State legislation written four decades ago has become a point of contention in the public vs. private school debate, so some current lawmakers decided Wednesday to figure out exactly what their predecessors were thinking.
The argument involves House Bill 2104, a 17-word directive written in 1972 that reads: Private schools shall be permitted, if otherwise qualified, to be members of the Pennsylvania Interscholastic Athletic Association.
The legislators will ask their lawyers to dig into the state archives.
“A lot of times you can go back and get a transcript of the (legislative) debate, whether it was in committee, on the house floor or the senate floor,” said state Rep. Gene DiGirolamo (R-Bucks), chairman of the State Athletic Oversight Committee. “A lot of times legislative intent is stated during the debate, so that would be important. I’m not sure if we can go back that far or not, but I’m going to find out.”
Wednesday meeting: The oversight committee met Wednesday at Heinz Field for a hearing that lasted more than two hours.
The committee heard from public school administrators who want the PIAA to create separate playoffs for so-called boundary and non-boundary schools, but PIAA executive director Bob Lombardi has said repeatedly that the legislation from 1972 mandates private schools be treated equally to public schools.
Therefore, schools cannot be separated by type, Lombardi said, but the public school administrators disagree with that interpretation.
Representatives from each side testified Wednesday.
“I think the legal department in the house and the senate, together with Legislative Reference Bureau, can tell us what that law and that language meant,” said DiGirolamo, who sides with the PIAA stance that public and private schools cannot be separated.
The committee: Along with DiGirolamo, the oversight committee includes state Reps. Rob Matzie (D-Beaver) and Mike Reese (D-Westmoreland), and state Sens. Jay Costa (R-Allegheny) and Scott Martin (R-Lancaster).
The committee wasn’t prepared to address the issue with new legislation but agreed the old law needed clarity.
“I think everybody interprets it differently,” said Matzie, noting that high school education has changed much since the legislation was written. “We didn’t have charter schools in 1972, so we need to look at that law and potentially open it up, if for no other reason than to add some definitions to determine what that intent is. I’m happy to see that the rest of the committee understands and agrees with that. We can look at it legally now.”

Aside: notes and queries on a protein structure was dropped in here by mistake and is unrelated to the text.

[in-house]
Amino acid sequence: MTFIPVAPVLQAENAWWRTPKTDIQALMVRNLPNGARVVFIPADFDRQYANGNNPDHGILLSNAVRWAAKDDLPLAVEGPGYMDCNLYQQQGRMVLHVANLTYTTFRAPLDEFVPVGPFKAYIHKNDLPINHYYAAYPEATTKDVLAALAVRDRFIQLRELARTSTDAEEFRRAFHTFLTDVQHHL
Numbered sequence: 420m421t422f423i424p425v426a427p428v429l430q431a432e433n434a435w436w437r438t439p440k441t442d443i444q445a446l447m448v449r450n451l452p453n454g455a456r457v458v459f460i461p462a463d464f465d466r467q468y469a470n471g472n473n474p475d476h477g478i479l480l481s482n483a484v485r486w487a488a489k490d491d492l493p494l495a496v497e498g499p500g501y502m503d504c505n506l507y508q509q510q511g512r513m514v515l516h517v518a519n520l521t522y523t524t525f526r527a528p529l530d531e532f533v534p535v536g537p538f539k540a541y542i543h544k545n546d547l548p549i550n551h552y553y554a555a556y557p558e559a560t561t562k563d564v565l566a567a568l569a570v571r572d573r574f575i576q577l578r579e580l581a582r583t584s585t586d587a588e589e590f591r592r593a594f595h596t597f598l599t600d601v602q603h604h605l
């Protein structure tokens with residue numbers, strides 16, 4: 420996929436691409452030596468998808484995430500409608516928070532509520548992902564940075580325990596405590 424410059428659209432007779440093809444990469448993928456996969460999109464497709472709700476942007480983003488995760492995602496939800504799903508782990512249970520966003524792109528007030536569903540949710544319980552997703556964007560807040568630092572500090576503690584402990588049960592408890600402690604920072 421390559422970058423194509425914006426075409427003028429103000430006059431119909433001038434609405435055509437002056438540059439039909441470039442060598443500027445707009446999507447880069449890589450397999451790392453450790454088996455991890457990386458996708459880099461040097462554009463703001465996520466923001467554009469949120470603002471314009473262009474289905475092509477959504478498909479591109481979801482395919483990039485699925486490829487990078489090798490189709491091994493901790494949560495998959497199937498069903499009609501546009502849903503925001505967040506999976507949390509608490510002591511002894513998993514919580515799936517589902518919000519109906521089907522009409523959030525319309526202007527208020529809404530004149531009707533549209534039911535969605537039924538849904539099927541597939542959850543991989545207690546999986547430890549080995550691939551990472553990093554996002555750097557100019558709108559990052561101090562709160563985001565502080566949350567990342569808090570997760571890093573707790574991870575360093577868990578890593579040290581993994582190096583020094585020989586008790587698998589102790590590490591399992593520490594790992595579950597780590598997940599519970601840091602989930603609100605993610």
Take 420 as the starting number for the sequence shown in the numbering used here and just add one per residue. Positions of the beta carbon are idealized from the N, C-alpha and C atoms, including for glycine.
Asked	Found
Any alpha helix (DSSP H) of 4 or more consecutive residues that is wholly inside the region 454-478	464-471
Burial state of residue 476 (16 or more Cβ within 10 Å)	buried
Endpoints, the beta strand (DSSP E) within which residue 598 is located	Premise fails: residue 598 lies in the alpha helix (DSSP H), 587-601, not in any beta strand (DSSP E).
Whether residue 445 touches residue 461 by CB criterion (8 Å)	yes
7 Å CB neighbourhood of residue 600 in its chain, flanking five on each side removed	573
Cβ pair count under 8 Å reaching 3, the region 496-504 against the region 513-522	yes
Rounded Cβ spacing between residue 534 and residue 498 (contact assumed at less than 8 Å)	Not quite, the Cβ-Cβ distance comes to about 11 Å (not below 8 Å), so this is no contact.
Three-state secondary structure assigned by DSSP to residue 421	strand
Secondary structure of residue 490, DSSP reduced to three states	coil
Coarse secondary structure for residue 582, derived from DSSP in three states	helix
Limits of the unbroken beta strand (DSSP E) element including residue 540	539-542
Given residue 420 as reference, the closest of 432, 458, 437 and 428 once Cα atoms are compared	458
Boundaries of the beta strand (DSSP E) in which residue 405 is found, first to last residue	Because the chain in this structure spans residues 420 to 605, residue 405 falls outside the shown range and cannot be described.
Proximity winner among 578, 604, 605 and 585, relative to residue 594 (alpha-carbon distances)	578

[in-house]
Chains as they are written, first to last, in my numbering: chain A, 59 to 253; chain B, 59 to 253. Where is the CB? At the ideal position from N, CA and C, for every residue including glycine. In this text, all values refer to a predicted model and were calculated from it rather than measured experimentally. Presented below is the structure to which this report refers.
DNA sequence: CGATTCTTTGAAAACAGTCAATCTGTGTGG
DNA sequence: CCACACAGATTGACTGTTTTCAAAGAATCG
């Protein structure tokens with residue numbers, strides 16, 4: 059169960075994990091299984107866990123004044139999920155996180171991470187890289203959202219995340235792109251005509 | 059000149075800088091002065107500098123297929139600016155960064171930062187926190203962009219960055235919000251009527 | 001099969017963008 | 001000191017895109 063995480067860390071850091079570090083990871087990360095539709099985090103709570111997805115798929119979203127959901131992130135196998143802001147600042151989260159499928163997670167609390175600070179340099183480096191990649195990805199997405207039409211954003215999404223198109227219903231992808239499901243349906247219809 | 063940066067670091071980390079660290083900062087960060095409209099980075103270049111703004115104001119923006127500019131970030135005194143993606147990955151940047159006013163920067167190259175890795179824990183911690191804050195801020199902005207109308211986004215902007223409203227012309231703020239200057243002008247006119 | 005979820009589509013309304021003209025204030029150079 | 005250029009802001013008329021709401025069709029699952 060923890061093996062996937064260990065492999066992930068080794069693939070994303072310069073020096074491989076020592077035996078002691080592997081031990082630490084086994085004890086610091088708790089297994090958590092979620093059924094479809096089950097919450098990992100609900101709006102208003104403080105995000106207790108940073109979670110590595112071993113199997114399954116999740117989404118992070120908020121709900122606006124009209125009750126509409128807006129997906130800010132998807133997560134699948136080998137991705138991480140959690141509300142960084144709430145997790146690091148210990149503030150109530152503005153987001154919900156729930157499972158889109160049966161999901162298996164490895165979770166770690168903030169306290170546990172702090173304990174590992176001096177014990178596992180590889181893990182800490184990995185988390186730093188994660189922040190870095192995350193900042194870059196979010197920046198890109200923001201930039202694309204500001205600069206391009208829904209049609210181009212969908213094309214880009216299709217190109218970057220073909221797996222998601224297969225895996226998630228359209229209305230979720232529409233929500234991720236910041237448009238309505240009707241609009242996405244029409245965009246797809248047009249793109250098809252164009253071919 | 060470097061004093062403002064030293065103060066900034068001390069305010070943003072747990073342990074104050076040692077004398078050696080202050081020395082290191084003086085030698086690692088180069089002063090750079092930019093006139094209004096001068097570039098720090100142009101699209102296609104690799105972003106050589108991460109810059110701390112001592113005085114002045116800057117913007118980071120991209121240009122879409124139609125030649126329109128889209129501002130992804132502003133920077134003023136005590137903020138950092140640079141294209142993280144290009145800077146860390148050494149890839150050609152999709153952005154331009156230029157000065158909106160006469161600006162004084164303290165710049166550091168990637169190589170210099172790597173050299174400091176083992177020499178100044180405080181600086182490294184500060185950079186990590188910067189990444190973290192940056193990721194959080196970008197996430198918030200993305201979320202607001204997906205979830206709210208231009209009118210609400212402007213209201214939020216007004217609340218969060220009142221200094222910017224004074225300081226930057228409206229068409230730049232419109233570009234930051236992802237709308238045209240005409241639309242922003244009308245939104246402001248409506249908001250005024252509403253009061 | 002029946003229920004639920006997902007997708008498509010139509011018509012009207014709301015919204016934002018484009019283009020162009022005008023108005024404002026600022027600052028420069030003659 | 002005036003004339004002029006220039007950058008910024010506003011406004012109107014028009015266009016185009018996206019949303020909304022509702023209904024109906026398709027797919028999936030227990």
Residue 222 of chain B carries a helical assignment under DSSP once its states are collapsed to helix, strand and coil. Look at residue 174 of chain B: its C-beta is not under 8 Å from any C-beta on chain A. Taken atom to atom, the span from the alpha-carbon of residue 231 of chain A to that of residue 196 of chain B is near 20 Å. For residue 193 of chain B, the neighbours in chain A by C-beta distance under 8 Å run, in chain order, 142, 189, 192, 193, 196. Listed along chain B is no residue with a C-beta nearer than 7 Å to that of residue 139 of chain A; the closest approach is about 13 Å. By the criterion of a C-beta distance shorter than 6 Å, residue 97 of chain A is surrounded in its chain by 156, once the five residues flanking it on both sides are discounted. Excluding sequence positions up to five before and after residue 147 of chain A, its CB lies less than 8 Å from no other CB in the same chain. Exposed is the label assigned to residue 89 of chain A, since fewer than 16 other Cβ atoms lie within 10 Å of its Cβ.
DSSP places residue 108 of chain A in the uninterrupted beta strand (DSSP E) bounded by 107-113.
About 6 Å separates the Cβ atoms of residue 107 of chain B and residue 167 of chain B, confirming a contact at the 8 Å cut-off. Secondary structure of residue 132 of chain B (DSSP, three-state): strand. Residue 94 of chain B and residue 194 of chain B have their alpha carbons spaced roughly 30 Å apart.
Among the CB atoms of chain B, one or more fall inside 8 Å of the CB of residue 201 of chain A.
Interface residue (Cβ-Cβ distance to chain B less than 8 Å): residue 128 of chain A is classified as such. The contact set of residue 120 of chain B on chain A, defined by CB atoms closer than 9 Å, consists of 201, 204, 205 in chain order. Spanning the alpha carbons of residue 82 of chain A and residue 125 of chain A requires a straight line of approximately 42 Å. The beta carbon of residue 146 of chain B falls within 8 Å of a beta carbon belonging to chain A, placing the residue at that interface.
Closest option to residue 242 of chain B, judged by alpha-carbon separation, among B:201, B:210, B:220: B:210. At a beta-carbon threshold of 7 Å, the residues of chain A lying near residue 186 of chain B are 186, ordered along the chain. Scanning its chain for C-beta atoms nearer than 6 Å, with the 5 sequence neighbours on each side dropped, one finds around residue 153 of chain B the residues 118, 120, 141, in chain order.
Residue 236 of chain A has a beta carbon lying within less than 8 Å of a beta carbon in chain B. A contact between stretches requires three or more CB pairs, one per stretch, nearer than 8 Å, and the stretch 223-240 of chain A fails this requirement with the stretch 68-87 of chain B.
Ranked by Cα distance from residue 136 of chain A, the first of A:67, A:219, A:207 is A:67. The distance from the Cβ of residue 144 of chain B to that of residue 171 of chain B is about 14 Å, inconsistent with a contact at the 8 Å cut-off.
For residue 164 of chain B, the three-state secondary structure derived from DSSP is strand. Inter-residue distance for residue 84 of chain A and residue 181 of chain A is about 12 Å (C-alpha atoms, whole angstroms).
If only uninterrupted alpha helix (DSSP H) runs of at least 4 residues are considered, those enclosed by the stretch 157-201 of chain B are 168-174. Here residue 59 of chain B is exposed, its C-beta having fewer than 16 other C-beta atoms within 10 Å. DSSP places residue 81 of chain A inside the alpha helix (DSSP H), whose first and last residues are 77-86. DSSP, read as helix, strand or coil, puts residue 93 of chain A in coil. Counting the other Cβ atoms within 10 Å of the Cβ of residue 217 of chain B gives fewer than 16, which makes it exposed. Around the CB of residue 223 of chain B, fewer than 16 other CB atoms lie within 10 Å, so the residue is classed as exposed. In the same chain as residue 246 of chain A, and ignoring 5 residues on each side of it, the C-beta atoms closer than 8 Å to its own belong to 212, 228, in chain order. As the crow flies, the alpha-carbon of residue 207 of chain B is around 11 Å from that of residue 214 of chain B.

Welcome decision: That was a welcome decision for the public school administrators. Laurel superintendent Leonard Rich, Millcreek superintendent Bill Hall, Harmony superintendent Stuart Albaugh and New Castle attorney Larry Kelly spoke in favor of separate playoffs.
“Our voices were heard by people who can make a difference,” Rich said, “and they were sympathetic to what we had to say. I think this was a step forward in the movement toward reform.”
Lincoln Park athletic director Mike Bariski also testified Wednesday on behalf of charter schools.
This hearing came three months after the committee heard boundary/non-boundary testimony in June from Lombardi, as well as Catholic and charter school representatives, who opposed separate playoffs. Lombardi testified again Wednesday along with PIAA president James Zack and director of legal affairs Michael Solomon.
Rule changes: The PIAA explained the rule changes it has made in recent years to address competitive inequality — most focused on transfer rules. Costa criticized the PIAA for rushing new rules into place without the usual three-vote process, but Lombardi defended the decision, insisting they needed to be implemented before fall sports started.
Among the other testimony, Kelly detailed to the committee how House Bill 2104 evolved through several edits. He noted how the words “with public schools” were removed from an earlier version that said: “Private schools shall be permitted, if qualified, to participate in post season athletic contests with public schools.”
“In the final draft, it was taken out,” Rich said. “So that clearly denotes there was not support for that. So now they’re going to go dig, they’re going to go back in transcripts and look for intent.”
Chris Harlan is a Tribune-Review staff writer. You can contact Chris at email@example.com or via Twitter @CHarlan_Trib.